MD-DE-DC WSC Groundwater Studies Team

The U.S. Geological Survey provides unbiased, timely, and relevant information, studies, and data about groundwater resources of the Nation. The USGS monitors groundwater levels in thousands of wells across the U.S.  Hundreds of these wells are located in Maryland, Delaware, and the District of Columbia.  The MD-DE-DC Water Science Center logs data on approximately 370 groundwater wells...

Date published: May 12, 2017
Status: Active

Climate Change in the Chesapeake Bay Watershed: Effects on Riverine Discharge, Ecosystems, and Water Quality

The 64,000-square mile watershed that drains to the Chesapeake Bay is highly populated and has diverse land use, including forested, agricultural, and urbanized areas. Increased precipitation in the eastern United States over the last 100 years has affected stream flow and thus the loading of pollutants delivered to the bay. Such pollutants as suspended sediment and dissolved phosphorus and...

Contacts: Karen C Rice
Date published: April 27, 2017
Status: Active

Summary of Nutrient and Sediment Loads and Trends in the Cheseapeake Watershed

Changes in nitrogen, phosphorus, and suspended-sediment loads in rivers across the Chesapeake Bay watershed have been calculated using monitoring data from the Chesapeake Bay Nontidal Water-Quality Monitoring Network (NTN). These results are used to help assess efforts to decrease nutrient and sediment loads being delivered to the bay. Additional information for each monitoring station is...

Filter Total Items: 51

Hillshade showing topographic changes before and after develop.

Hillshade showing topographic changes before and after suburban develop in Tributary 104 located in Clarksburg, MD. Left photo is from 2002 (pre-development) and right photo is from 2013 (post-development).

The "Best Report" for 2014 is "Hydrogeologic characterization and assessment of bioremediation of chlorinated benzenes and benzene in wetland areas, Standard Chlorine of Delaware, Inc. Superfund Site, New Castle County, Delaware, 2009-12"

Hydrogeologic characterization and assessment of bioremediation of chlorinated benzenes and benzene in wetland areas
Filter Total Items: 204
Image: Ready for Action
December 15, 2014

Average chloride concentrations often exceed toxic levels in many northern United States streams due to the use of salt to deice winter pavement, and the frequency of these occurrences nearly doubled in two decades.

USGS
October 15, 2014

Three years after a magnitude 5.8 earthquake caused $25 million worth of damage to its pinnacles, buttresses and ceilings, the Washington National Cathedral will host earthquake experts from the U.S. Geological Survey (USGS), the Federal Emergency Management Agency (FEMA), and the Great ShakeOut earthquake drill. 

USGS
October 9, 2014

A press conference will be held on October 14, 2014 in recognition of the upcoming International ShakeOut Day of Action. On October 16, nearly 25 million people (2 million in the SouthEast region) are expected to participate in the world’s largest earthquake drill.

collage of scientists
September 15, 2014

Department of the Interior scientists are generating and sharing critical information to aid the recovery of the areas impacted by Hurricane Sandy, helping to protect our valuable coastal resources and to make communities more resilient against future extreme storms.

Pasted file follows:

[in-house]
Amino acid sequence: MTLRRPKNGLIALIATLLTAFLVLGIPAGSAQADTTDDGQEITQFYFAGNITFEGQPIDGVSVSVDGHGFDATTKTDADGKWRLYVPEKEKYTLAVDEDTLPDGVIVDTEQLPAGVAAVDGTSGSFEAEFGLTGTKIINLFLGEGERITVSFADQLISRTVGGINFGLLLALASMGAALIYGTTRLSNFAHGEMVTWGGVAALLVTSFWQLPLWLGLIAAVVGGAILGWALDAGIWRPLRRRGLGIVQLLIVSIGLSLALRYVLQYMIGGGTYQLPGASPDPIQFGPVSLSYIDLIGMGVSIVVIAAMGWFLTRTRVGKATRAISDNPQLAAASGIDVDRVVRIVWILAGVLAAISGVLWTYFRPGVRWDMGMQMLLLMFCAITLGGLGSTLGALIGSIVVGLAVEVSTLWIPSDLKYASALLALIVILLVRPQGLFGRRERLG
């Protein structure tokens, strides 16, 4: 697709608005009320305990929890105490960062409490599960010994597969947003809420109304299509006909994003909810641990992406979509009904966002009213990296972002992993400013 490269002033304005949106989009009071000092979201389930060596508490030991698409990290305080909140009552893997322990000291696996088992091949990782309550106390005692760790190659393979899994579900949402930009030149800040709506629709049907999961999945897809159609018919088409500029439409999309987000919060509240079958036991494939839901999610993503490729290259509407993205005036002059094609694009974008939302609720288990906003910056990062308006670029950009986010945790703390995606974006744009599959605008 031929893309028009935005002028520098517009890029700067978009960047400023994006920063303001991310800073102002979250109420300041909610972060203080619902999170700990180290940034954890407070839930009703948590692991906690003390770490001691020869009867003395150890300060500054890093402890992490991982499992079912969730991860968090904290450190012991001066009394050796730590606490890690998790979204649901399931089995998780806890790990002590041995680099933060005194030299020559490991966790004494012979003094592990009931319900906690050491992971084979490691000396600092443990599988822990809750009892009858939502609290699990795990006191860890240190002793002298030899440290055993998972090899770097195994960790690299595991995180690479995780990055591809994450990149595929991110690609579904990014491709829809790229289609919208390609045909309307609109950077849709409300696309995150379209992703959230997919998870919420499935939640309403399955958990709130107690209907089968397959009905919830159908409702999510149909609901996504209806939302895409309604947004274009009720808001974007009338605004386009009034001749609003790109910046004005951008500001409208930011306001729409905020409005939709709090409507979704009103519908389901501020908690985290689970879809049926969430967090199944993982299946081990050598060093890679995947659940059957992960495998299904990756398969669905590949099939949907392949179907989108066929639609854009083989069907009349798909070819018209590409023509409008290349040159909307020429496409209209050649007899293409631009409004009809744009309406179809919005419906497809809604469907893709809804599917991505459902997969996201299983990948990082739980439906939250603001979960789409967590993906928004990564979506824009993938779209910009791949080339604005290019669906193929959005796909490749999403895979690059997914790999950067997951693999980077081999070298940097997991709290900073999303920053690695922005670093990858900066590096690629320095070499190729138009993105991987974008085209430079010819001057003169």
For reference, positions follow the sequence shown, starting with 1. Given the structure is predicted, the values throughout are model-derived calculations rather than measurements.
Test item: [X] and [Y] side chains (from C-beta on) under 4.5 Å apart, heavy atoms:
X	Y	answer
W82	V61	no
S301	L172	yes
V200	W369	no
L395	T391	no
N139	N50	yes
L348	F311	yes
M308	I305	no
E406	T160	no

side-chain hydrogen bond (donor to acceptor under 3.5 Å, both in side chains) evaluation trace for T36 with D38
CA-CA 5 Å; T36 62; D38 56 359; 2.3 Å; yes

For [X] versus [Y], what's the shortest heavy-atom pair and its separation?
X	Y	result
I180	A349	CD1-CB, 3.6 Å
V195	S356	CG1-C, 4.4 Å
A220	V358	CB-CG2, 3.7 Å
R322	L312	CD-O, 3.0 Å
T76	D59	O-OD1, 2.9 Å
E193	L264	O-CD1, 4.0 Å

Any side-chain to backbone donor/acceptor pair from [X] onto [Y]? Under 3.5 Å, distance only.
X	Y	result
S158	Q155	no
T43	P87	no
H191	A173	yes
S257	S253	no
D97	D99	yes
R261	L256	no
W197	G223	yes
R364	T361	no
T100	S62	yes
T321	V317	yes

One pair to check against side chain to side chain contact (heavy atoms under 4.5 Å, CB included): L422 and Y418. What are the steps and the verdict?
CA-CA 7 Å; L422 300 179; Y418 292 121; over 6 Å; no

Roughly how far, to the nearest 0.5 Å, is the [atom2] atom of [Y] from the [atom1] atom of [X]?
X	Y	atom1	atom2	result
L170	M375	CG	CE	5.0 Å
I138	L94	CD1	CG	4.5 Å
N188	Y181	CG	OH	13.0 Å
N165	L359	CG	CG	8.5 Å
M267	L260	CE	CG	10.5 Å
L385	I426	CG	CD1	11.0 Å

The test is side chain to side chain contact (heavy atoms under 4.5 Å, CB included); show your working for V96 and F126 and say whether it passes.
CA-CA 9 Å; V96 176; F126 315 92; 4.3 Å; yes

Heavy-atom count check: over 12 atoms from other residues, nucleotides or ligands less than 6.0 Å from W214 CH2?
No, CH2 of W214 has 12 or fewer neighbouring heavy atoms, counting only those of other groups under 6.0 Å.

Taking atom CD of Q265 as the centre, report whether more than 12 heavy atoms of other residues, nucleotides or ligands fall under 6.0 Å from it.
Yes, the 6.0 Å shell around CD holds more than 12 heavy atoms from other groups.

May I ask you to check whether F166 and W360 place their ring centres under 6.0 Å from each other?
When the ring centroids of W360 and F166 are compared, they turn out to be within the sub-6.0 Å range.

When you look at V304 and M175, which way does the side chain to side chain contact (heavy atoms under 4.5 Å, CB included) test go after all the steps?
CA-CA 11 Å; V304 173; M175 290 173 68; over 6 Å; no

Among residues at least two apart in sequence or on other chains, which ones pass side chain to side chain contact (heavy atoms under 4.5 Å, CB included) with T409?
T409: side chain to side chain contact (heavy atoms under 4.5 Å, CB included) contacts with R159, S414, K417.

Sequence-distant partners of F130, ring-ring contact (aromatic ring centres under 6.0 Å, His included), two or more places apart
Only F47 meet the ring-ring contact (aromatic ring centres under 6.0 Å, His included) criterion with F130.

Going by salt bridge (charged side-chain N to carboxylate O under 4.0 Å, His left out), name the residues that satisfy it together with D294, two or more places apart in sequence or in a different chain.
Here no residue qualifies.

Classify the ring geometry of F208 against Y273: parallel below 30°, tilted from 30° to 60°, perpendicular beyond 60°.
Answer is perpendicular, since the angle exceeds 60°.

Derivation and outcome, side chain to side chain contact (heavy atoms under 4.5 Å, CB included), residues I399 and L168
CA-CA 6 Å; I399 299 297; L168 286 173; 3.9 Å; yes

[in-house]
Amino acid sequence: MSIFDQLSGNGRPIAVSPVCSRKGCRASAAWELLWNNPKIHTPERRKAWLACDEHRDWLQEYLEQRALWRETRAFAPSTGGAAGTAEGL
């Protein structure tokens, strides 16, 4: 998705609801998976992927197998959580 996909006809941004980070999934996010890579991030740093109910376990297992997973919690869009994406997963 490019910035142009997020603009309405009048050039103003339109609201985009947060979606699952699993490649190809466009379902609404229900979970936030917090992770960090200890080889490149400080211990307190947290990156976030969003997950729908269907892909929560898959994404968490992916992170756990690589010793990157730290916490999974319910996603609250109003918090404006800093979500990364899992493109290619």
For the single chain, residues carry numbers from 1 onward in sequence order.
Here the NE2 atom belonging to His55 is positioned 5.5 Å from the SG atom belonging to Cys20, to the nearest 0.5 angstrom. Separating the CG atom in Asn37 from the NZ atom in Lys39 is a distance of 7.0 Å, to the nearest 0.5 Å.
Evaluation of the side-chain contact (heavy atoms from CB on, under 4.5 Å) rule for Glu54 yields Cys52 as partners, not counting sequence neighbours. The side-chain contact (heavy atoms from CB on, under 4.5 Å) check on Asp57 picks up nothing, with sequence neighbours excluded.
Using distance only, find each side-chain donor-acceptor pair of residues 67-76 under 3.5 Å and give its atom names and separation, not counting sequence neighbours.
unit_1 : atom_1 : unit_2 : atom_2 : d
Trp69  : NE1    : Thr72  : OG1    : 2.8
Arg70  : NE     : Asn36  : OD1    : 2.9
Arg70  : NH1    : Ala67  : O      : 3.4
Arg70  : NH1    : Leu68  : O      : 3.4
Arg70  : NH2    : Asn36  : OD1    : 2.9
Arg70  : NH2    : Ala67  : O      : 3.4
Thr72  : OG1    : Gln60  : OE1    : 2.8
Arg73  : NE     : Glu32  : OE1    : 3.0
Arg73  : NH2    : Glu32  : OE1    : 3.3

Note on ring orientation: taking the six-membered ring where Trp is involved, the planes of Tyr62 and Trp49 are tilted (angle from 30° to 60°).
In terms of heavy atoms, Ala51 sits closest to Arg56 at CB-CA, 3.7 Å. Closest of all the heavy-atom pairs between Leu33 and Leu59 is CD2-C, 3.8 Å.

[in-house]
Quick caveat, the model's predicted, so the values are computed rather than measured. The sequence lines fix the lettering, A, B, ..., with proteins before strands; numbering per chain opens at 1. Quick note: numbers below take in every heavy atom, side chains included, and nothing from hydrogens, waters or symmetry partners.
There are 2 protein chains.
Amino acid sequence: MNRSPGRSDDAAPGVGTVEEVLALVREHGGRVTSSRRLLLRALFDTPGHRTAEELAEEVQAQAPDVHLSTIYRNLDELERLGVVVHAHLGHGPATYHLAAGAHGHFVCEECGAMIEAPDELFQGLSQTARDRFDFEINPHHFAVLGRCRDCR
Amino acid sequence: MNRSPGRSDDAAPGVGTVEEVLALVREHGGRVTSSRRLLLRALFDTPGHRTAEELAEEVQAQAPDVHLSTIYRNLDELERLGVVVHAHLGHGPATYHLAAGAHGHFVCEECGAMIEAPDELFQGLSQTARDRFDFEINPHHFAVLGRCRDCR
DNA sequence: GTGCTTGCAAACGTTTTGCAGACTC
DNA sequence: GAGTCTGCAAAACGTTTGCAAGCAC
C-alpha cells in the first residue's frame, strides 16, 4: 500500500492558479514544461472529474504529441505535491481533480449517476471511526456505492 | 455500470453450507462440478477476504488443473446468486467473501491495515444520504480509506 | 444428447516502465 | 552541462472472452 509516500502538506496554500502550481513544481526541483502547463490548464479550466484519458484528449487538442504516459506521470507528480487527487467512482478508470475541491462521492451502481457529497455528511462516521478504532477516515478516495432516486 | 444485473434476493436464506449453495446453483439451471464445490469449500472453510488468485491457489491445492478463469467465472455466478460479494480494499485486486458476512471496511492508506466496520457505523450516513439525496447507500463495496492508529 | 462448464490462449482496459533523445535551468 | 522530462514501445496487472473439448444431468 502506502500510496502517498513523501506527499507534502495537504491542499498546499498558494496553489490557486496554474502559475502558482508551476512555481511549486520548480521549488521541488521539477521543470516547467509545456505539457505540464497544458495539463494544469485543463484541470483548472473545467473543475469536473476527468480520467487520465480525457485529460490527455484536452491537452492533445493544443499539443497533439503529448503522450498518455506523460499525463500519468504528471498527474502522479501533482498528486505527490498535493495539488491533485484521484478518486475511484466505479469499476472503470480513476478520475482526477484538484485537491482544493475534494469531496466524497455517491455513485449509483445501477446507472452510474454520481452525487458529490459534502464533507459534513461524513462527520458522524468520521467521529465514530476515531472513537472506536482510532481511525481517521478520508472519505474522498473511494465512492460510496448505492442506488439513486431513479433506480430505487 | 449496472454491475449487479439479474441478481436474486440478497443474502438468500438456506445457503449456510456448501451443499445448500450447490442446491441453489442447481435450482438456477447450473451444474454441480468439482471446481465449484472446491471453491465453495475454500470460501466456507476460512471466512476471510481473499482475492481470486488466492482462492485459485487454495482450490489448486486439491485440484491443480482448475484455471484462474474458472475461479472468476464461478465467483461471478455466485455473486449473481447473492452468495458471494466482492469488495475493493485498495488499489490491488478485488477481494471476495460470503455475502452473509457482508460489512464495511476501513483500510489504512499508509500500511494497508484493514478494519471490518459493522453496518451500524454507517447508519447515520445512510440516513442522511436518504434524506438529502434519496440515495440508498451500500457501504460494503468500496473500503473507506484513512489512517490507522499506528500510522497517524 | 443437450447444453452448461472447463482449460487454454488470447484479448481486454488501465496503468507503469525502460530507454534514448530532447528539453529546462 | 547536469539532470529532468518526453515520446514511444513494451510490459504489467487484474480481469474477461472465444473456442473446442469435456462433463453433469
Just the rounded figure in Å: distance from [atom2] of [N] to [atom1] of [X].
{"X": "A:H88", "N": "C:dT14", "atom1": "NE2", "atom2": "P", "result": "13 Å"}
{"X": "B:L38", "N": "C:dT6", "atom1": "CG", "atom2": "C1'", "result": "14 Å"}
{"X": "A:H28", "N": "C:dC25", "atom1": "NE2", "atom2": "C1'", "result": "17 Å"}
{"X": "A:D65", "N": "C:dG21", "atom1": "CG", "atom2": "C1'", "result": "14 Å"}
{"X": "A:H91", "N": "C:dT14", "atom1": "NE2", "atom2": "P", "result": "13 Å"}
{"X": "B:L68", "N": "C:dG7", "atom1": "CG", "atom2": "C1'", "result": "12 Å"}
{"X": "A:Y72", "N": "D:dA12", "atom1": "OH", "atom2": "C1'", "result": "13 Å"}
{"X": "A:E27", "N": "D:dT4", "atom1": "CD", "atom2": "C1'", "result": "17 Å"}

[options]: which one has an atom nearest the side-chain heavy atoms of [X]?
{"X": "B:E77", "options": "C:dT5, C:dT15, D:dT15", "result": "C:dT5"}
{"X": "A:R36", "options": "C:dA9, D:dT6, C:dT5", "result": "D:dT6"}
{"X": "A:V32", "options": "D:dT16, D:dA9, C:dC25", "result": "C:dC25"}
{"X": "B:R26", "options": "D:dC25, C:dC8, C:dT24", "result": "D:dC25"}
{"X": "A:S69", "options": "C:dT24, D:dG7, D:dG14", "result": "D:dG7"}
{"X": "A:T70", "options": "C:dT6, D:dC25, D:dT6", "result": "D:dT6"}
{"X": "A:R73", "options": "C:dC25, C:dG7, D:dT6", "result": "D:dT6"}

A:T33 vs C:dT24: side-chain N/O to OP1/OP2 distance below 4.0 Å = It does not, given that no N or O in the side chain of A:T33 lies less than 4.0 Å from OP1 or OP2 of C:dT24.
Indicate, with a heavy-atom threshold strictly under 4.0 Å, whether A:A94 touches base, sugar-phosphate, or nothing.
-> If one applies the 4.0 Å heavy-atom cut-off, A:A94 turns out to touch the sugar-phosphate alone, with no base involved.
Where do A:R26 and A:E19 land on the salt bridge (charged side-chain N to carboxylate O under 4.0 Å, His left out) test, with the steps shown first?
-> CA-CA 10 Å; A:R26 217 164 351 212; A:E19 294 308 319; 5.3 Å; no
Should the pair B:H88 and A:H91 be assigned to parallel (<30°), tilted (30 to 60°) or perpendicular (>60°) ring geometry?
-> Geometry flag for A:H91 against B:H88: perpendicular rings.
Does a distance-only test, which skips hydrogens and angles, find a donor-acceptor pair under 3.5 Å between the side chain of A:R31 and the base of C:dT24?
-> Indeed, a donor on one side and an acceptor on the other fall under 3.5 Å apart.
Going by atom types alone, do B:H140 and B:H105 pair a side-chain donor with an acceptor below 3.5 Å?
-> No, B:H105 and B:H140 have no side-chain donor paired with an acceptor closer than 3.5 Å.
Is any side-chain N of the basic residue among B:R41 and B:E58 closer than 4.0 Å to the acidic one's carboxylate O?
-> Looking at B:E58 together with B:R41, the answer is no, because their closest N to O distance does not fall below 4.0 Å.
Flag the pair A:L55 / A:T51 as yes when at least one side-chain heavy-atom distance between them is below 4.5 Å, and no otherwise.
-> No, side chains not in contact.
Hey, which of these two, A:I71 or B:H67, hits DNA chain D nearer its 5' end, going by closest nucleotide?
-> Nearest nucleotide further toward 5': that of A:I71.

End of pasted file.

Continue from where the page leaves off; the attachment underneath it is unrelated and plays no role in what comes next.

USGS
August 4, 2014

Vital coastal storm-tide information needed to help guide storm response efforts following major storms affecting Maryland will be more accessible than ever due to a new monitoring network the U.S. Geological Survey is currently building.  

USGS
August 4, 2014

Vital coastal storm-tide information needed to help guide storm response efforts following major storms affecting Pennsylvania will be more accessible than ever due to a new monitoring network the U.S. Geological Survey is currently building.  

USGS
June 25, 2014

On the one-year anniversary of President Obama’s Climate Action Plan, Secretary of the Interior Sally Jewell today released a new report showing that forests, wetlands and farms in the eastern United States naturally store 300 million tons of carbon a year (1,100 million tons of CO2 equivalent).

2014 US Topo map of the Keedysville, Maryland area.
May 22, 2014

US Topo maps now have a crisper, cleaner design - enhancing readability of maps for online and printed use. Map symbols are easier to read over the digital aerial photograph layer whether the imagery is turned on or off.

Lidar image showing the upper parts of the landslide that occurred in northwest Washington on March 22, 2014.
May 14, 2014

Want to know how elevation will benefit your state? The USGS National Geospatial Program is advancing the 3D Elevation Program, known as 3DEP, in response to the growing need for high-quality three-dimensional representations of the Nation’s natural and constructed features.

USGS
April 9, 2014

Oyster aquaculture in the Potomac River estuary could result in significant improvements to water quality, according to a new NOAA and U.S. Geological Survey study published in the journal Aquatic Geochemistry.

USGS
August 13, 2013

A virus that can cause disease in largemouth bass has now been identified in otherwise apparently healthy northern snakeheads taken from two Potomac River tributaries in Virginia, the U.S. Geological Survey announced today. 

Maryland - Delaware - Washington D.C. Water Science Center

Maryland -  Delaware - Washington D.C. Water Science Center

5522 Research Park Drive
Catonsville, MD 21228

Phone: 443-498-5500
Fax: 442-498-5510

MD-DE-DC Water

Patuxent Wildlife Research Center

Patuxent Wildlife Research Center

12100 Beech Forest Road
Laurel, MD 20708-4039

Phone: 301-497-5000

Patuxent Research